Pet owners say Detroit Animal Control can't account for dog's whereabouts

- Detroit dog owners furious how their pets are being treated by Detroit Animal Control.

Now they are fighting to find out if one of their dogs is dead or alive.

Ian O'Neill admits he's a dope dealer, but that doesn't mean he deserves the treatment he's getting from the city of Detroit regarding his dogs.

Police raided his house earlier this month but he wasn't charged. After the raid, Ian and his sister found police had shot and killed one of his dogs named Mala. The other three were missing.

"I thought maybe they were captured and taken in by police to the dog pound," said Jennifer O'Neill.

When they got to the Detroit Animal Control Center, they were told the other three dogs were dead. Police say they were shot and killed during the raid.

But when the bodies were returned to them, they say all three had bullet wounds, but only two were theirs.

"I had a picture of Bruno," Jennifer said. "It definitely wasn't our dog. Our dog had cropped ears, he was 100 pounds, he was grey. They didn't even want to take the dog back."

Jennifer argued with the officer and gave the dog back. The only documentation she was given was a hand written paper saying she had been given three dogs.

The two still had hope for finding Bruno. FOX 2 went to help them find out - but instead of giving us answers, we were asked to leave.

FOX 2 "We want to know if this dog is alive or dead, can you give us an answer?"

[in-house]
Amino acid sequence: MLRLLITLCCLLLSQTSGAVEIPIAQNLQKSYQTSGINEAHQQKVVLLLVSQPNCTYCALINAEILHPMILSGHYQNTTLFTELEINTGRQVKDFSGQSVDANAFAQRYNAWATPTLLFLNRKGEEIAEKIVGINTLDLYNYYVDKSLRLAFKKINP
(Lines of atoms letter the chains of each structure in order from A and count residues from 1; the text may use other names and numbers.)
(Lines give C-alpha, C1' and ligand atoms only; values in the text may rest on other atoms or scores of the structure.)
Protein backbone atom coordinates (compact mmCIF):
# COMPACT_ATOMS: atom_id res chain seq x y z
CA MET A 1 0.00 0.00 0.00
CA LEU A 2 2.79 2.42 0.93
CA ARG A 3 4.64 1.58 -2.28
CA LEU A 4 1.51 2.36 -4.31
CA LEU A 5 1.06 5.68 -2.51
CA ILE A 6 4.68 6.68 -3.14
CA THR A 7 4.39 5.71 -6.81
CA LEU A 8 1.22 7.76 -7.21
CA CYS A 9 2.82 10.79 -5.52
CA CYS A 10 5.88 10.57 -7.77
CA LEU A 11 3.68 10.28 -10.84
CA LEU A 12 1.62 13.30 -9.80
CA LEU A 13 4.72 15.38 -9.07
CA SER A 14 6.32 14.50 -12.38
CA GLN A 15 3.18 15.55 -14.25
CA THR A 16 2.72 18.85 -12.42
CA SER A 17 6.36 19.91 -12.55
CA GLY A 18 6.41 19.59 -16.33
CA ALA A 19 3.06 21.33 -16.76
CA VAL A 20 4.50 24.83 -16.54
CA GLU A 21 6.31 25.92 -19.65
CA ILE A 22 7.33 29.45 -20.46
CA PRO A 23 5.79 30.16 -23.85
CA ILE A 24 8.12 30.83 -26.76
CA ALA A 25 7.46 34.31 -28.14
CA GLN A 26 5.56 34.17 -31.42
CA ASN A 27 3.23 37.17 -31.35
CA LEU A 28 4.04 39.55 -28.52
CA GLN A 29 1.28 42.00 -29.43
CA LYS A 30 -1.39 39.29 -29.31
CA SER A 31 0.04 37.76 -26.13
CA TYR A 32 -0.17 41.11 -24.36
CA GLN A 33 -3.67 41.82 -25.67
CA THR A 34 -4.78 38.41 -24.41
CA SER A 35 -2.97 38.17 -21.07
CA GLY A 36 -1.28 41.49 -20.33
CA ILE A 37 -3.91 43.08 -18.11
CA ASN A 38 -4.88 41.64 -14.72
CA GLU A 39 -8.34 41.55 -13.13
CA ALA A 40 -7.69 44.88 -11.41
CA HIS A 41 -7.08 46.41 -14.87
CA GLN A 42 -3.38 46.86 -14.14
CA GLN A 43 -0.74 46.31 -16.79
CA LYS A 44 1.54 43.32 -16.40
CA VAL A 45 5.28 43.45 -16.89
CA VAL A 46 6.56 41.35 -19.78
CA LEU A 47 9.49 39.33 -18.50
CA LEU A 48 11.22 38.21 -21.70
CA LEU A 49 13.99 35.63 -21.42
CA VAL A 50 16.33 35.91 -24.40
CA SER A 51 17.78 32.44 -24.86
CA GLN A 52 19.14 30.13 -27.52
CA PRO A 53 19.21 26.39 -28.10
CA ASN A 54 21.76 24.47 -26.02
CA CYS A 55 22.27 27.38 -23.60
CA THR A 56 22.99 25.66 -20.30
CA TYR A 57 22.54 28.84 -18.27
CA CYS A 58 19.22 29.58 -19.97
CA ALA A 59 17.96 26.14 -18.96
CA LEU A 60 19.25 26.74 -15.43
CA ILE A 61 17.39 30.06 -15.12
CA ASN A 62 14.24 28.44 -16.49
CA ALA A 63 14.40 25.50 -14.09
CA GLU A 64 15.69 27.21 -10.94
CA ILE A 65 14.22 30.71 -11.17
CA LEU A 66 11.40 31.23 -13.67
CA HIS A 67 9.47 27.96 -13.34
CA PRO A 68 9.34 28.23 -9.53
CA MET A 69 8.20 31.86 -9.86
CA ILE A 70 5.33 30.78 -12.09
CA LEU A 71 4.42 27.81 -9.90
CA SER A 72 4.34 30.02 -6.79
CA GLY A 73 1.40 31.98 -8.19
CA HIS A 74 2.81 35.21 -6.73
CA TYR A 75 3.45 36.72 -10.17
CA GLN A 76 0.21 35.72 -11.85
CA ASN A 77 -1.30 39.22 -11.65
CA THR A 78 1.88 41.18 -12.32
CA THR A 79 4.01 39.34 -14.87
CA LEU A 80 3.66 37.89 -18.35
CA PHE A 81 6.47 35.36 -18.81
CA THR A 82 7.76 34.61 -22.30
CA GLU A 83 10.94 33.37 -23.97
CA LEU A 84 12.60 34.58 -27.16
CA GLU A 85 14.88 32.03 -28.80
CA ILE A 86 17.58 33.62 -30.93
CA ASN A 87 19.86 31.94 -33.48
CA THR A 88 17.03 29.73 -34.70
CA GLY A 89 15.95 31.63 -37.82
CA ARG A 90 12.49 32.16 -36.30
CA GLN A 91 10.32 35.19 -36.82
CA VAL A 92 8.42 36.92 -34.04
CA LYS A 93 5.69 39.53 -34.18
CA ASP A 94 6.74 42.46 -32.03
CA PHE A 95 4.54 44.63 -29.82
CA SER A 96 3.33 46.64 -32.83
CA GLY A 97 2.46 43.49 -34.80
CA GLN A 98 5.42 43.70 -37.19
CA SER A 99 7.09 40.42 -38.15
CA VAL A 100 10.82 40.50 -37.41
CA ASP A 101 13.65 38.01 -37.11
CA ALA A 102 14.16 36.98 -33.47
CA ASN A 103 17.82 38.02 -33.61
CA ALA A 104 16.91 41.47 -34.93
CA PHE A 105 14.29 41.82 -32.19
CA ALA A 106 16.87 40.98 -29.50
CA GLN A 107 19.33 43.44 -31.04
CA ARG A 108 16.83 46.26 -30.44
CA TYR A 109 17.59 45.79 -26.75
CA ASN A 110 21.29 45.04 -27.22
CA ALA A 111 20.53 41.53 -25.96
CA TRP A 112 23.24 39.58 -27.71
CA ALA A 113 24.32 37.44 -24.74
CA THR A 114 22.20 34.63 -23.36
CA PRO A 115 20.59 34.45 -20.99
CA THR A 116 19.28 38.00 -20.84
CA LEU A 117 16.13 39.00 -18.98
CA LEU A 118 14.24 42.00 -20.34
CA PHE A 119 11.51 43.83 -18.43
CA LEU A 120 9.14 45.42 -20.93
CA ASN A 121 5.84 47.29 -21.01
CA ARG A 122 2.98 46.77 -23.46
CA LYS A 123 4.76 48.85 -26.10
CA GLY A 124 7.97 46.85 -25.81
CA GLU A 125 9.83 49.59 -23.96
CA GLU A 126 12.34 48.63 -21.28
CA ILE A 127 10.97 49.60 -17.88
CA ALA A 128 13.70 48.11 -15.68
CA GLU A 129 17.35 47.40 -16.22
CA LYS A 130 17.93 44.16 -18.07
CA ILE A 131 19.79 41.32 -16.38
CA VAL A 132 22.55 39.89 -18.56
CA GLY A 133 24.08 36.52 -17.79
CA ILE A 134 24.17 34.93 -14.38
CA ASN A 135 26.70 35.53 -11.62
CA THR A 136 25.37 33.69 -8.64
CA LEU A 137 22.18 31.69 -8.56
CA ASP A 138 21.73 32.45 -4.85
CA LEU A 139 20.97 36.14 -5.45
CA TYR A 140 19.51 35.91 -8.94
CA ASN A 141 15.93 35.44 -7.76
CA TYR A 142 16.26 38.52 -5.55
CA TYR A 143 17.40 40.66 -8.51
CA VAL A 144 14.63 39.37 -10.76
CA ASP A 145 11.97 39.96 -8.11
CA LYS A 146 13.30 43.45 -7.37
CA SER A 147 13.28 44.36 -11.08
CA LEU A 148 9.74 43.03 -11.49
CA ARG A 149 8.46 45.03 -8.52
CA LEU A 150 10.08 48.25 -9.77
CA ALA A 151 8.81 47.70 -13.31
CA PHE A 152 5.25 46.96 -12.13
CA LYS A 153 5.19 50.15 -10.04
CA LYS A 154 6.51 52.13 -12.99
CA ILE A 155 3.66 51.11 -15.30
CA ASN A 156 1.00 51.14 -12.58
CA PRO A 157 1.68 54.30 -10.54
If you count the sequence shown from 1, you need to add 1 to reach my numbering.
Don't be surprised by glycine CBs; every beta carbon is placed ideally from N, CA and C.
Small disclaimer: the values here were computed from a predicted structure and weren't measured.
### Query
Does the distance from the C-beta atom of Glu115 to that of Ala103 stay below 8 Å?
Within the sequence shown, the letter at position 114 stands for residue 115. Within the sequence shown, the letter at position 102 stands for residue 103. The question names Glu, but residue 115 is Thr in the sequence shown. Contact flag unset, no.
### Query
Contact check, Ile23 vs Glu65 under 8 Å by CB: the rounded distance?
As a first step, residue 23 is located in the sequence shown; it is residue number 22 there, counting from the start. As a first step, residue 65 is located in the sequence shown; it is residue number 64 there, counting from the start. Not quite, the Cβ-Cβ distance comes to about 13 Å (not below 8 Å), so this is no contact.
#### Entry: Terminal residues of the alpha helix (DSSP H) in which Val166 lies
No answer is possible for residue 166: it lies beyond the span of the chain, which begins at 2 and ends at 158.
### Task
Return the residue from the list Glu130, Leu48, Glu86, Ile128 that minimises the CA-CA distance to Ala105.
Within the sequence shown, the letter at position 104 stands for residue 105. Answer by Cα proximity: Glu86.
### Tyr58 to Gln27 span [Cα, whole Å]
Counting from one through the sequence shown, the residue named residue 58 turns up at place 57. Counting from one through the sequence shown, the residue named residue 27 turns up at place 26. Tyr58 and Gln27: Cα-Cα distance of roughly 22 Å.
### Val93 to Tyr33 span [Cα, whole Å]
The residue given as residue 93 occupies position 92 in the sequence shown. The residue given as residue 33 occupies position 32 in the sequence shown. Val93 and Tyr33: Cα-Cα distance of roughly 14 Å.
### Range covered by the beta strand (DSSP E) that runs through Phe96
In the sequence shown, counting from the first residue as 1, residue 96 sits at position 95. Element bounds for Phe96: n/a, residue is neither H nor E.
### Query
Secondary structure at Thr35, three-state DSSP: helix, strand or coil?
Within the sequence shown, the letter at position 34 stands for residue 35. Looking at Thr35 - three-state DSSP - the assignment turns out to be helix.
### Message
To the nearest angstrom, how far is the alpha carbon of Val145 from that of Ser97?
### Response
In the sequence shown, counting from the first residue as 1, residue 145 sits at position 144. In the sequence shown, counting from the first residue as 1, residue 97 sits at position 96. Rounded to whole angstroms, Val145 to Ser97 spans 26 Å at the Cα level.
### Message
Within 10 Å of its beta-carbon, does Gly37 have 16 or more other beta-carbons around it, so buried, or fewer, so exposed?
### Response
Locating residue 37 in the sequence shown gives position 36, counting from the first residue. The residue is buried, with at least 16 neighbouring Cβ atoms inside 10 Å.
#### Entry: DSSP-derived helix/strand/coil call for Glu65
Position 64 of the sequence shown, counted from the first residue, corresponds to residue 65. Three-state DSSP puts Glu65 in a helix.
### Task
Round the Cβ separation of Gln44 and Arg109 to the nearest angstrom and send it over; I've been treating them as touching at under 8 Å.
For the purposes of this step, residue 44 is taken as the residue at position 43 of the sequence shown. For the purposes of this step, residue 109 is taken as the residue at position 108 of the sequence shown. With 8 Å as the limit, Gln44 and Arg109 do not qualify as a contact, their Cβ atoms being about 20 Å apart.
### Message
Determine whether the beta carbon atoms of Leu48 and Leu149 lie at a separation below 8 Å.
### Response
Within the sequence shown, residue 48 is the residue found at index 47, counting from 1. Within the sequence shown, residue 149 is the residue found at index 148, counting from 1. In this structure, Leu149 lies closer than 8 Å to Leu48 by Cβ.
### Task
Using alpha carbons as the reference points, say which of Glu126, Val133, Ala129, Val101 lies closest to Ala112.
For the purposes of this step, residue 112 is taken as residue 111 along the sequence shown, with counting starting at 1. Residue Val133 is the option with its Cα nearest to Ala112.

DAC worker:  "No."

FOX 2: "Why?"

"No," she said. "I can help these people but you are not allowed to film in here unless you have permission and you know that."

FOX 2: "This is a public place, taxpayers pay for this place."

"But you are not supposed to film without permission," she said.

FOX 2: "You guys are supposed to give us an answer about a dead dog."

"I'm not supposed to answer to you," she said.

Still no answers from her, or back in the office from Director Harry Ward. Then the O'Neills called police.

"I just want to know where my third dog is," Ian said.

FOX 2 was asked to leave by police, but the DAC agreed to allow Jennifer and Ian a rare visit to the back where the animals are kept in often, deplorable conditions.

Bruno wasn't there but they were overwhelmed by what they saw.

"I had no idea, I had no idea it looked like that in there," Jennifer said. "There was a dog choking, it sounded like he must have kennel cough, a dog with a broken arm, his paw broken. Another dog laying there nearly dead."

"It was a dog death camp," Ian said.

The body mix-up is a mystery to city officials, who admit, there are problems to be fixed at the DAC. New director Dr. Abdul El-Sayed said in a statement:

"We face a number of challenges at Detroit Animal Control which we are working to improve. It's important in situations like this to remember that these challenges evolved over decades, and that fixing decades old problems takes time. But we are making progress, and in the new year, I am confident that much of our efforts will come to bear. Finally, the issues that we should tackle first and foremost have to with protecting the vulnerable from vicious dogs - and in the circumstances, these animals were shot while attacking DPD officers during a raid. We are sad when any animal dies, but we have to remember that when animals are trained to attack, as they did in this circumstance, their owners put them at great risk. And some responsibility rests with the owner."

Jennifer and Ian said they may never know what happened to Bruno but they are not going to stop trying.

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